Peru has closed its famed tourist site Machu Picchu amid anti-government protests, its Ministry of Culture said, with hundreds of tourists having been left stranded near the Inca citadel amid deadly unrest.

Demonstrations demanding the resignation of Peruvian President Dina Boluarte have been ongoing since early December, leaving 46 people dead and prompting the government to impose a state of emergency in violence-hit areas.

Authorities announced that yet another protester had died following demonstrations in the country's south, with the victim arriving already deceased at the local hospital in the town of Puno.

Rail services to the Incan site had already been suspended due to the track being damaged by demonstrators.

At least 400 people, including 300 foreigners, are stranded at the foot of the site, in the town of Aguas Calientes, and pleading to be evacuated.

"The closure of the Inca trails network and the Machu Picchu citadel has been ordered due to the social situation and to preserve the safety of visitors," the Ministry of Culture said in its statement.

"We don't know if a train will pick us up. All the tourists here are queuing to register" for evacuation, Chilean tourist Alem Lopez told AFP yesterday.

Tourists "cannot leave because the railway has been damaged in different places," Tourism Minister Luis Fernando Helguero said.

"Some tourists have chosen to walk to Piscacucho, but that takes six hours or more and very few people can do it," he said.

Piscacucho is the closest village to Machu Picchu connected to the roads.

In December, several hundred stranded tourists were evacuated from near the site.

Protesters are trying to keep up pressure on the Peruvian government, defying a state of emergency that now covers almost one-third of the country.

Among the 46 dead, 45 were protesters and one was a police officer.

Protests have rocked Peru since President Pedro Castillo was ousted in December after he attempted to dissolve the legislature to prevent an impeachment vote.

Until this week the unrest has been concentrated in Peru's south.

Thousands of protesters descended on the capital, Lima, this week calling for change and angered by the protests' mounting death toll.

Dozens of Peruvians were injured after tensions flared again last night as police clashed with protesters in anti-government demonstrations that are spreading across the country.

In the capital Lima, police officers used tear gas to repel demonstrators throwing glass bottles and stones, as fires burned in the streets, local TV footage showed.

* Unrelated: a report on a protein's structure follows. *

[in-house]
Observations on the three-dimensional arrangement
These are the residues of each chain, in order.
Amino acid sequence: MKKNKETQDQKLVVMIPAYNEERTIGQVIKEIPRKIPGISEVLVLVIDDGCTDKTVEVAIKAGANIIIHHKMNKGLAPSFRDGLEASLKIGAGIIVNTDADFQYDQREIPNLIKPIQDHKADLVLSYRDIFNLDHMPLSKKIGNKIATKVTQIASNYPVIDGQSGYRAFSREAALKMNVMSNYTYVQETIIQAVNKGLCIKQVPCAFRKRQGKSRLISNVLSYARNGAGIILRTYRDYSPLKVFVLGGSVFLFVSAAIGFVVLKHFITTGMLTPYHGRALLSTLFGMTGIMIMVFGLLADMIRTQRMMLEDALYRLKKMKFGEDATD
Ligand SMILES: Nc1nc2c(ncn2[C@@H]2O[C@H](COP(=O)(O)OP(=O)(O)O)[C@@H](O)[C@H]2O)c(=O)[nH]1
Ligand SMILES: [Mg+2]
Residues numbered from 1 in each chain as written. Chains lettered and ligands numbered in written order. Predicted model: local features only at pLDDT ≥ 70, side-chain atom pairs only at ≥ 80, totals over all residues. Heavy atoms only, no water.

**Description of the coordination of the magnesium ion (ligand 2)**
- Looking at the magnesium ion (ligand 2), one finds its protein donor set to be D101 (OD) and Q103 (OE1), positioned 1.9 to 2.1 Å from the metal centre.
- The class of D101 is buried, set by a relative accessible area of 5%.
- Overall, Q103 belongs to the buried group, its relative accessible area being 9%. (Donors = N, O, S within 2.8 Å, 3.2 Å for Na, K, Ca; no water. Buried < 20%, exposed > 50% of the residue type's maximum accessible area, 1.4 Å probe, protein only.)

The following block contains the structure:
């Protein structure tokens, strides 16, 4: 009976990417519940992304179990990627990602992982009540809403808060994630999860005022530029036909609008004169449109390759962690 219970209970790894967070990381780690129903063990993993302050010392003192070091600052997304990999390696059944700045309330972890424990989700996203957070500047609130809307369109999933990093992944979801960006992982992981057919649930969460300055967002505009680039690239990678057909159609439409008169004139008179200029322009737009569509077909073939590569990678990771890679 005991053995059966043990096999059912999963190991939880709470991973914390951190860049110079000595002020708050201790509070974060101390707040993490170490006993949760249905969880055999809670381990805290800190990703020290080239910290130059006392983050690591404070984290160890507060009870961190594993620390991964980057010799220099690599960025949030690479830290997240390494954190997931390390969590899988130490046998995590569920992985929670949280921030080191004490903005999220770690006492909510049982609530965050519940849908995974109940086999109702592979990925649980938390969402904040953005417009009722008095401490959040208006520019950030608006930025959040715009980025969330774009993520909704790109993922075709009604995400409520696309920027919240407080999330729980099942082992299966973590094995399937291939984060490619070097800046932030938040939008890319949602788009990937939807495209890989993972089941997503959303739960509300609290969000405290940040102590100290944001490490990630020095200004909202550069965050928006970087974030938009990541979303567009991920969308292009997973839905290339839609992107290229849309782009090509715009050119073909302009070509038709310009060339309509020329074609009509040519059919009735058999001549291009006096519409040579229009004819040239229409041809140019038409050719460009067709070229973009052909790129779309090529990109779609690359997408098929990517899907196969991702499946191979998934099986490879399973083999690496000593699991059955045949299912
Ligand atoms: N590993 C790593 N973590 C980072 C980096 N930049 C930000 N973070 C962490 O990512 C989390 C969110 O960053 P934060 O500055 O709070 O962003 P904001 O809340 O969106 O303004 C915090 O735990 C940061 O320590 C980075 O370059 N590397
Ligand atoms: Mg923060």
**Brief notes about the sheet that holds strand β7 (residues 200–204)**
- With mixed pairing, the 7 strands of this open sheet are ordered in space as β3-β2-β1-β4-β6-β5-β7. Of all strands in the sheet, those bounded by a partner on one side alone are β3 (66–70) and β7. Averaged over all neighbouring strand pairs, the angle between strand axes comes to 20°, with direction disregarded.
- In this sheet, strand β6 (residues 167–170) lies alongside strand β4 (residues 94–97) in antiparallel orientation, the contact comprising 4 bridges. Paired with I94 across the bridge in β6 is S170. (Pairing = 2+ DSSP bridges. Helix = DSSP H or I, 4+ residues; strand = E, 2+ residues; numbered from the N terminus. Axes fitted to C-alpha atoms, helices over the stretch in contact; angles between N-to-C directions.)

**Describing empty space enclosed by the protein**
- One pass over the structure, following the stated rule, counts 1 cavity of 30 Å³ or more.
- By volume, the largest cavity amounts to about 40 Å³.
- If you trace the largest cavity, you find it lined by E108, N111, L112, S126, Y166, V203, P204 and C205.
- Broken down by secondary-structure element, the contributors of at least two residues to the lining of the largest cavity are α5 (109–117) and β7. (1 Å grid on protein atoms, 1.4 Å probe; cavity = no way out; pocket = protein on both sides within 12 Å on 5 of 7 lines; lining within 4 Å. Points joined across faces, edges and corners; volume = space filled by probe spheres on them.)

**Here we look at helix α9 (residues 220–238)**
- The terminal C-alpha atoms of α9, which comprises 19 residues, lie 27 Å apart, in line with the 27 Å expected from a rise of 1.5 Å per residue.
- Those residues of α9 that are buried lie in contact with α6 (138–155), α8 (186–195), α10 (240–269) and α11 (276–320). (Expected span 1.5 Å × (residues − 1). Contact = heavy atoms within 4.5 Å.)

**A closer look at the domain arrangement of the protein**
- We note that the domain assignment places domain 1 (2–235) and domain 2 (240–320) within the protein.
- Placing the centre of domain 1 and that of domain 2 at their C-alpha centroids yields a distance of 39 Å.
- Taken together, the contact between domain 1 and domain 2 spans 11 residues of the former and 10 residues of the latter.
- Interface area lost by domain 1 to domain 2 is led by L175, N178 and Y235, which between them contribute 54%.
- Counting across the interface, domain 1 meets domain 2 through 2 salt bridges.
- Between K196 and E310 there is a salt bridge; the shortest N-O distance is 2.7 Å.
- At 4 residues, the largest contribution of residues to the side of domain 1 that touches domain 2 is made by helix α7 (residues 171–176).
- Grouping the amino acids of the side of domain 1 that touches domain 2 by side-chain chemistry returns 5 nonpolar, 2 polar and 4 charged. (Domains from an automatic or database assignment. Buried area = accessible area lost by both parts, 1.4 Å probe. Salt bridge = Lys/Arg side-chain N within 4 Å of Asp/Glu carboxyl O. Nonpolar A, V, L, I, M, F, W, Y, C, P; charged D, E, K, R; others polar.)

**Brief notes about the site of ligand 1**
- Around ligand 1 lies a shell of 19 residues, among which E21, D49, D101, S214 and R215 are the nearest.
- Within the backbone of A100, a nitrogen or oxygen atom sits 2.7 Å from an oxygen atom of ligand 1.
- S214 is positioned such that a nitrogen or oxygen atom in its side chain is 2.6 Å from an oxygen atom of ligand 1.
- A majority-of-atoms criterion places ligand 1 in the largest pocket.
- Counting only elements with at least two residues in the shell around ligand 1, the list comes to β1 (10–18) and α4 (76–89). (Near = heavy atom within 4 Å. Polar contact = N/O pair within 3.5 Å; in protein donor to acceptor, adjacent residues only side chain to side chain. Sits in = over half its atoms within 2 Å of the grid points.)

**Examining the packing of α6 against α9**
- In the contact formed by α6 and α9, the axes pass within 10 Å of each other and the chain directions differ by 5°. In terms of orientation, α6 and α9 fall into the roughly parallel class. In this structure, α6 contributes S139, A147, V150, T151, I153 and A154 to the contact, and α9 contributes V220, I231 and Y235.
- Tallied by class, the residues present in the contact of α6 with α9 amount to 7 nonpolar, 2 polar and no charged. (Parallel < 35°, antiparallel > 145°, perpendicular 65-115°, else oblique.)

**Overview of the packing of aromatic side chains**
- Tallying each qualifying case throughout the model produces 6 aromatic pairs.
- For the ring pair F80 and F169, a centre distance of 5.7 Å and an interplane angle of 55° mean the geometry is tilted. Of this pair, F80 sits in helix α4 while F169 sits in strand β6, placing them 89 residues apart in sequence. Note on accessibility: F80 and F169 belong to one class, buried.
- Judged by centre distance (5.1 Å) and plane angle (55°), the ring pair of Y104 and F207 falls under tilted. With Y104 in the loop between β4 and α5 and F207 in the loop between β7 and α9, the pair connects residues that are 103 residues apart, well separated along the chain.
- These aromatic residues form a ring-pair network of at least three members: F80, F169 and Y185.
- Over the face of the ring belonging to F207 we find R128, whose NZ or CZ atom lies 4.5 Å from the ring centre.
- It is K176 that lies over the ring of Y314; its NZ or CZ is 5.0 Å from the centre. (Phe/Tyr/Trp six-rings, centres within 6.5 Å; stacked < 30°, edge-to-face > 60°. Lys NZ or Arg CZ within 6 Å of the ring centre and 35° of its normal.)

In the country's southern Puno region, some 1,500 protesters attacked a police station in the town of Ilave, Interior Minister Vicente Romero said in a statement to news media.

A police station in Zepita, Puno, was also on fire, Mr Romero said.

Demonstrators clash with riot police at the Añashuayco bridge in Arequipa

Health authorities in Ilave reported eight patients hospitalised with injuries, including broken arms and legs, eye contusions and punctured abdomens.

By late afternoon, 58 people had been injured nationwide in demonstrations, according to a report from Peru's ombudsman.

The unrest followed a day of turmoil in Thursday, when one of Lima's most historic buildings burned to the ground, as President Dina Boluarte vowed to get tougher on "vandals."

The destruction of the building, a near-century-old mansion in central Lima, was described by officials as the loss of a "monumental asset." Authorities are investigating the causes.

Yesterday Mr Romero claimed the fire was "duly planned and arranged."

In the Cusco region, Glencore's major Antapaccay copper mine suspended operations after protesters attacked the premises - one of the largest in the country - for the third time this month.

Airports in Arequipa, Cusco and the southern city of Juliaca were also attacked by demonstrators, delivering a fresh blow to Peru's tourism industry.

The government has extended a state of emergency to six regions, curtailing some civil rights.

Ms Boluarte has dismissed calls for her to resign and hold snap elections, instead calling for dialogue and promising to punish those involved in the unrest.

"All the rigor of the law will fall on those people who haveacted with vandalism," she said on Thursday.

Some locals pointed the finger at Ms Boluarte, accusing her of not taking action to quell the protests, which began on 7 December in response to the ousting and arrest of Mr Castillo.

Human rights groups have accused the police and army of using deadly firearms.

The police say protesters have used weapons and homemade explosives.